Cinema 4D R9 Reviewed
By Steve Shaw
Steve Shaw, owner of Crucial Perception, holds a Bachelor of Environmental Design and a Master of Architecture. He lectured in the Faculty of Architecture, University of Manitoba from 2000-2004.
In the late fall, I was offered the opportunity to explore and review the most recent version of Maxon’s professional caliber multi-purpose 3D modeling, animation and rendering application suite, Cinema 4D XL R9. I found this offer an exciting possibility. It is a rare instance that software is understood and reviewed from the perspective of an architectural illustrator.
Educated in the Faculty of Architecture at the University of Manitoba in Canada, I have been using Cinema 4D for architectural illustration since the beginning of my graduate work in 1998. Since that time I have witnessed the rapid growth and development of Maxon and its flagship software. From a virtually unknown niche player to one of the CG Industry’s major developers, Maxon has steadily grown the functionality, reputation and user base of Cinema 4D while consistently remaining focused on the their software’s core strengths – cross platform development, an intuitive interface and workflow, incredible rendering speed, and nearly unstoppable stability. Simultaneous to Maxon’s growth of Cinema 4D, third party development has escalated with significant plug-ins available for many specialty requirements. To top it off, inter-operability with the industry’s most popular file types has always been standard.Product
Cinema 4D is a modular software package involving a base application complimented by expansion packages of specialty features such as character animation tools, advanced lighting tools, advanced particle effects, and networked rendering capabilities. Users are free to pick and choose which of these features they require, licensing each individually. Alternatively, users may select larger pre-grouped bundles at reduced prices. This system provides tremendous flexibility in licensing only the features required.
The Cinema 4D Product Line:
Cinema 4D – the core application featuring 3D modeling, animation and rendering
Advanced Render – an expansion to the default rendering engine, Advanced Render supports global illumination, HDRI, surface and volume caustics, sub-poly displacement, sub-surface scattering, motion blur and depth of field
Mocca – a toolset for character animation, Mocca provides bone tools and the ability to use soft IK along with morph mixing, motion blending and cloth simulation.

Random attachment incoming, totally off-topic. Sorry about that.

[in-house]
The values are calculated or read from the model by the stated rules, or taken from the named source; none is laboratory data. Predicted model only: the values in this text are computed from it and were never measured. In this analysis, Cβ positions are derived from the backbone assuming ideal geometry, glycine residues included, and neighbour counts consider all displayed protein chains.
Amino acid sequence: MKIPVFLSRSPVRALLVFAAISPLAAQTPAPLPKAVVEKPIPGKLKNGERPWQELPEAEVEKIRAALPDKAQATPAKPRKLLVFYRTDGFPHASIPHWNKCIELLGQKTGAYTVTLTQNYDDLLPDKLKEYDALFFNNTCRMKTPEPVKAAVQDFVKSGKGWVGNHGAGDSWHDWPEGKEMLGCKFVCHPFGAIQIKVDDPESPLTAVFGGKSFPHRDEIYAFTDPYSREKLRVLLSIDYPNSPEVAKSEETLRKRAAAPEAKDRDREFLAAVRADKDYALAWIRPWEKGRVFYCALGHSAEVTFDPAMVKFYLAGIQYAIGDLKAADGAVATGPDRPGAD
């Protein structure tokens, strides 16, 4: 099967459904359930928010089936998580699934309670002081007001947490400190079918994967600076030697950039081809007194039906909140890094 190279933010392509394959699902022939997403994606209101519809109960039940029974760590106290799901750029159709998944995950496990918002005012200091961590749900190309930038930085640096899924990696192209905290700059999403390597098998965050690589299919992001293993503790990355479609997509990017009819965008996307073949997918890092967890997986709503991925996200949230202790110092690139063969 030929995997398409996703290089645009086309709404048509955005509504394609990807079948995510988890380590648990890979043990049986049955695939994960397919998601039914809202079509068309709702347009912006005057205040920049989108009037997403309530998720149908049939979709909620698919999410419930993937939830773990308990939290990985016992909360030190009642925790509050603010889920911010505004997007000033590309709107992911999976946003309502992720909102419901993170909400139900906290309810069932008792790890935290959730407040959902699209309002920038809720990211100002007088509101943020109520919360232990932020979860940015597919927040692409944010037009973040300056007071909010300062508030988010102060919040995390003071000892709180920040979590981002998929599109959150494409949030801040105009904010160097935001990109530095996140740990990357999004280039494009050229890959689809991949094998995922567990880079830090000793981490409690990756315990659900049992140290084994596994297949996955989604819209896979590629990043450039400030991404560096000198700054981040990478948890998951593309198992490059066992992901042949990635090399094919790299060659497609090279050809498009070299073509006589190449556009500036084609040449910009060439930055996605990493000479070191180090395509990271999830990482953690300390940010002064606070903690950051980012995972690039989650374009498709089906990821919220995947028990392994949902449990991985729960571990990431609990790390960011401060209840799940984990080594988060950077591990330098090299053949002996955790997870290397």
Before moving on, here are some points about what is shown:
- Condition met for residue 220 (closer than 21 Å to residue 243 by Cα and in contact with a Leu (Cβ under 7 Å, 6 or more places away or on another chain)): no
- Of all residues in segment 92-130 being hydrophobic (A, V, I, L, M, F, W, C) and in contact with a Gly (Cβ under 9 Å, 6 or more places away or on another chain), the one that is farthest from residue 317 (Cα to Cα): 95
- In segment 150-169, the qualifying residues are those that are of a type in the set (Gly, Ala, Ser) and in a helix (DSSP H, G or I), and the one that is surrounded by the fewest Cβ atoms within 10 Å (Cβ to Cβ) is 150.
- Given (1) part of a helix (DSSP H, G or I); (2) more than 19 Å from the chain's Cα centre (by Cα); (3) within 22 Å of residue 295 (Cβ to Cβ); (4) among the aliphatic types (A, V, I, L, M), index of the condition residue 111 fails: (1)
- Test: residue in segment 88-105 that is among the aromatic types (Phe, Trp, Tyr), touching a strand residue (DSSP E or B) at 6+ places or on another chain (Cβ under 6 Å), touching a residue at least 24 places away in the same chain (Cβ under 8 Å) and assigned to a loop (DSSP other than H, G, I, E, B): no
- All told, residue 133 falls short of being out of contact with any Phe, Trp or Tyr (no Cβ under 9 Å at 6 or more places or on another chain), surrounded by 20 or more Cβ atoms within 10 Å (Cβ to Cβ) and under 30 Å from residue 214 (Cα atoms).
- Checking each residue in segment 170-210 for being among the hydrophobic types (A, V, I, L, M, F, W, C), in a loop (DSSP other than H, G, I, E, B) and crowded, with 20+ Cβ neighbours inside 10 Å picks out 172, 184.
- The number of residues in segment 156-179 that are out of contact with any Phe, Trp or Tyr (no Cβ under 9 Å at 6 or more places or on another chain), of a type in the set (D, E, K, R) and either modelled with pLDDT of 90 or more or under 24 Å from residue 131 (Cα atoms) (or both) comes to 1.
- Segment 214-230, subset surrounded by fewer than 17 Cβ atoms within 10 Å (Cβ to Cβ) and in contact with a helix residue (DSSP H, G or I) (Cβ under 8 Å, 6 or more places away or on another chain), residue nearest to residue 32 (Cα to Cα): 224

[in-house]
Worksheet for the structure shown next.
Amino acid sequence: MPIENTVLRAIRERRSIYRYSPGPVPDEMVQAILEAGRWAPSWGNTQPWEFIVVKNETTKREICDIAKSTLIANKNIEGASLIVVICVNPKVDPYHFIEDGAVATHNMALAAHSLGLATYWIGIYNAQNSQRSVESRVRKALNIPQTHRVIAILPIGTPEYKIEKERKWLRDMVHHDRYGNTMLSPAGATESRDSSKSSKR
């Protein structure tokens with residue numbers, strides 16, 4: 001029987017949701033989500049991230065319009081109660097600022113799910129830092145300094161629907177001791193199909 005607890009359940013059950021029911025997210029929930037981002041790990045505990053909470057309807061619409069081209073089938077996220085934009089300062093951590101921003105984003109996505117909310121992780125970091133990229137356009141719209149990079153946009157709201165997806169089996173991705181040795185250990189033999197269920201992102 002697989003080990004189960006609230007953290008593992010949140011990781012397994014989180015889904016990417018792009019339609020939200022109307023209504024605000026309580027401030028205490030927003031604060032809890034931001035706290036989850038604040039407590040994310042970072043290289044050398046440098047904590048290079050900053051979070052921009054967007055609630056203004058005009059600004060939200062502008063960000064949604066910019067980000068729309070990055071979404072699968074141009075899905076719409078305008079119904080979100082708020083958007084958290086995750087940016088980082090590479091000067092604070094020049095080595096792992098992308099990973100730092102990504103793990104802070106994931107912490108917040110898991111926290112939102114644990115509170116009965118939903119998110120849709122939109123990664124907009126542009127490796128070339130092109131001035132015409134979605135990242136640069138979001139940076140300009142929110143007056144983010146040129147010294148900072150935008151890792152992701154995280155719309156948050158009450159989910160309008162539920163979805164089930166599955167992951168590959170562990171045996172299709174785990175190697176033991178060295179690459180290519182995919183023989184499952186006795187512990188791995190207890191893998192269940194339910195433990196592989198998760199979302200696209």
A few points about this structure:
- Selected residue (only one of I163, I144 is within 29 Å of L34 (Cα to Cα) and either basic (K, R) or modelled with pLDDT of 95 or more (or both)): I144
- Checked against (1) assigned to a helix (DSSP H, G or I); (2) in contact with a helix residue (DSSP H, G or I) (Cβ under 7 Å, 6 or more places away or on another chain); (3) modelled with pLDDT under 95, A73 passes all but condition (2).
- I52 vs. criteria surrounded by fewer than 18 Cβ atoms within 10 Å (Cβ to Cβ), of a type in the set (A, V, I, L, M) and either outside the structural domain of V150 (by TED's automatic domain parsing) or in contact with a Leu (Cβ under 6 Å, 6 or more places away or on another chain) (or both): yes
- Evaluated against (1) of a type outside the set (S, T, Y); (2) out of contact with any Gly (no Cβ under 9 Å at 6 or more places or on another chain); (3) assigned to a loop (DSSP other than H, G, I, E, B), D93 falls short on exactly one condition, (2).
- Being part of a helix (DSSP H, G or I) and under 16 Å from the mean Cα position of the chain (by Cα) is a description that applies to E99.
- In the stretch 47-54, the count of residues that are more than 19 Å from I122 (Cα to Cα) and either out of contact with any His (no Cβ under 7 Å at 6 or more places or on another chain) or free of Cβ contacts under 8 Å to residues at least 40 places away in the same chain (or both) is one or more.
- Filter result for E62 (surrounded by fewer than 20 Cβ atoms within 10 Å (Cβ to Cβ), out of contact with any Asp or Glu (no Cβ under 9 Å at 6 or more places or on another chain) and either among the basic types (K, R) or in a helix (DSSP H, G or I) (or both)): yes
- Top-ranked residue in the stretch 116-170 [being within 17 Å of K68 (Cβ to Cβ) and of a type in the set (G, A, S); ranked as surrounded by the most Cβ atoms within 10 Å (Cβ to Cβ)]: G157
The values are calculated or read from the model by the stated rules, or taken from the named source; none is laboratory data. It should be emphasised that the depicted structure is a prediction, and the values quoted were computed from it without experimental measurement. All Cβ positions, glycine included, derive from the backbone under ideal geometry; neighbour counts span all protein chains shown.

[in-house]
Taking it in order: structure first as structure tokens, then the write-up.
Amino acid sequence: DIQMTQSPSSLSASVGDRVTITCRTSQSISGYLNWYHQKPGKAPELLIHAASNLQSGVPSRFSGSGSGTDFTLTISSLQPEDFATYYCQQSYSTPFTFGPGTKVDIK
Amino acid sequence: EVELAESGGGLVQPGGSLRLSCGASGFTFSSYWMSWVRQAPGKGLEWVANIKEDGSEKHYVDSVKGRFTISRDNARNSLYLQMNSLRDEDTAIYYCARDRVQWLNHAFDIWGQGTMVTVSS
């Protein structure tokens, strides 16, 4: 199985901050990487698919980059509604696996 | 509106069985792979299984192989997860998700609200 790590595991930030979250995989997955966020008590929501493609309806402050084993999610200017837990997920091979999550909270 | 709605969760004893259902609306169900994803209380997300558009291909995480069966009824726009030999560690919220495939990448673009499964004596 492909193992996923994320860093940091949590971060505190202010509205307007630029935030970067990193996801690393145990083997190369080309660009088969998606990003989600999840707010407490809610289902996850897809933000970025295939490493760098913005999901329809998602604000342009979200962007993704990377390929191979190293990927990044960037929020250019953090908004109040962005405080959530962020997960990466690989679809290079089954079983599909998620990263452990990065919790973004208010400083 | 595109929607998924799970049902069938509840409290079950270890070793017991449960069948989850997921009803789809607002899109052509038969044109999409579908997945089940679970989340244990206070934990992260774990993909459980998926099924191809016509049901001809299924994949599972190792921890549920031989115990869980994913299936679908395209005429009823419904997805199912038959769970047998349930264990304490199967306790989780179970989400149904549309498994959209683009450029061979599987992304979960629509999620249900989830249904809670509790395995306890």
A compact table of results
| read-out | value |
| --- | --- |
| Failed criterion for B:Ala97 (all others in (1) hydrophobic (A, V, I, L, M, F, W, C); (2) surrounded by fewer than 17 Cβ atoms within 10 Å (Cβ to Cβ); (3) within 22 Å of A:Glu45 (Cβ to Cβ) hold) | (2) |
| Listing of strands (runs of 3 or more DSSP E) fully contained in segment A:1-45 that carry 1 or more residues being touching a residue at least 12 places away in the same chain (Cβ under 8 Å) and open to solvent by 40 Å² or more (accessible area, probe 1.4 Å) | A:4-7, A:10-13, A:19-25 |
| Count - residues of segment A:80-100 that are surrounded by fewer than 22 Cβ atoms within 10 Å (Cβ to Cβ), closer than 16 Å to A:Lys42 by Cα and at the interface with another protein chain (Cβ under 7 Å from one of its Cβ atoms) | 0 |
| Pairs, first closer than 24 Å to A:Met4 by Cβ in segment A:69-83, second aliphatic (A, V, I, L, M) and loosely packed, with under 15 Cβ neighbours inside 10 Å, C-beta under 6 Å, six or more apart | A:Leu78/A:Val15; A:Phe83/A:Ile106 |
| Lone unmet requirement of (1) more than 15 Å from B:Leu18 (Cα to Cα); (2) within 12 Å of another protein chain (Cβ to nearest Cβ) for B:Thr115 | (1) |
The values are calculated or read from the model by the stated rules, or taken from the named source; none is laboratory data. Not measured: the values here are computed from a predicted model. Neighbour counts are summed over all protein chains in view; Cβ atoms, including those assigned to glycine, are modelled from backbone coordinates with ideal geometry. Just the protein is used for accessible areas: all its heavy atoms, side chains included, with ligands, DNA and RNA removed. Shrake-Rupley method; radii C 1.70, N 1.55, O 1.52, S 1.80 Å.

Thinking Particles – a fully scriptable, event based particle engine with detailed control over interaction with other particles and scene objects
Pyrocluster – a particle based volumetric shading engine that works with either standard or thinking particles
Net Render – a TCP/IP based networked rendering solution with web-based interface, multiple users and automatic load balancing via internet or local network (3 client license)
Cinema 4D XL Bundle – All of the above
Sketch and Toon – a complete Non-Photo-Real (NPR) rendering engine with complete control over lines, shading, hatches, and interaction with the standard or advanced rendering
Dynamics – collision detection of soft and rigid bodies with surface characteristics, elasticity, gravity, wind, and friction
Body Paint – a complete 3D painting and UV toolset that allows up to ten channels to be painted simultaneously in either 3D or projection
Net Render - a TCP/IP based networked rendering solution with web-based interface, multiple users and automatic load balancing via internet or local network (unlimited client license)
Cinema 4D Studio Bundle – All of the above
Although all of the modules are of use in the design and illustration of architecture, of particular interest to an architectural illustrator are the Advanced Render, Pyrocluster, Net Render, and Sketch and Toon modules.
Bundle and module pricing information is available at http://www.maxonshop.com/
Additional software that may be of interest to architectural illustrators:
ArchiCAD Exchange – plug-in that allows integration of models from ArchiCAD into Cinema 4D
VectorWorks Exchange – plug-in that allows integration of models from VectorWorks into Cinema 4D
Ozone – integrated atmospheric creation toolset
xFrog – integrated procedural modeling tools for vegetation
RPC – plug-in for use of RPC content
Jenna – comprehensive iterative instancing and array toolset
As always, the Maxon installer worked flawlessly. It has been overhauled since I last used it with R8. Previously, installing the XL bundle required installing the core application and then installing each module with individual installers. The revised R9 installer allows the user to install the entire Cinema R9 XL bundle at once.
Impressions From the Studio
It has been several weeks since my copy of Cinema 4D XL R9 arrived in the mail. In that time I have completed several architectural illustrations with no derivation of my workflow. The majority of my modeling work is completed in FormZ and then transferred to Cinema 4D via layered DXF. Instanced geometry and most sweeps and lofts are completed in Cinema with splines from FormZ. Materials are generally created with a combination of Cinema’s incredible system of procedural shaders and image maps created with PhotoShop.
The integration of R9 into my studio workflow was quite smooth, but was not without difficulties. A series of view-port issues arose including seemingly random crashes and severe interface lag. The assistance from Maxon Tech Support response was excellent. I received email and telephone correspondence from experts in both the USA and Germany within 24hrs. The problem lay not with Cinema R9, but with an update (66.93) I had applied to my nVidia video drivers. After a retrograde to older drivers, the issue was resolved. I have received notice that the issues will be resolved in updated nVidia drivers.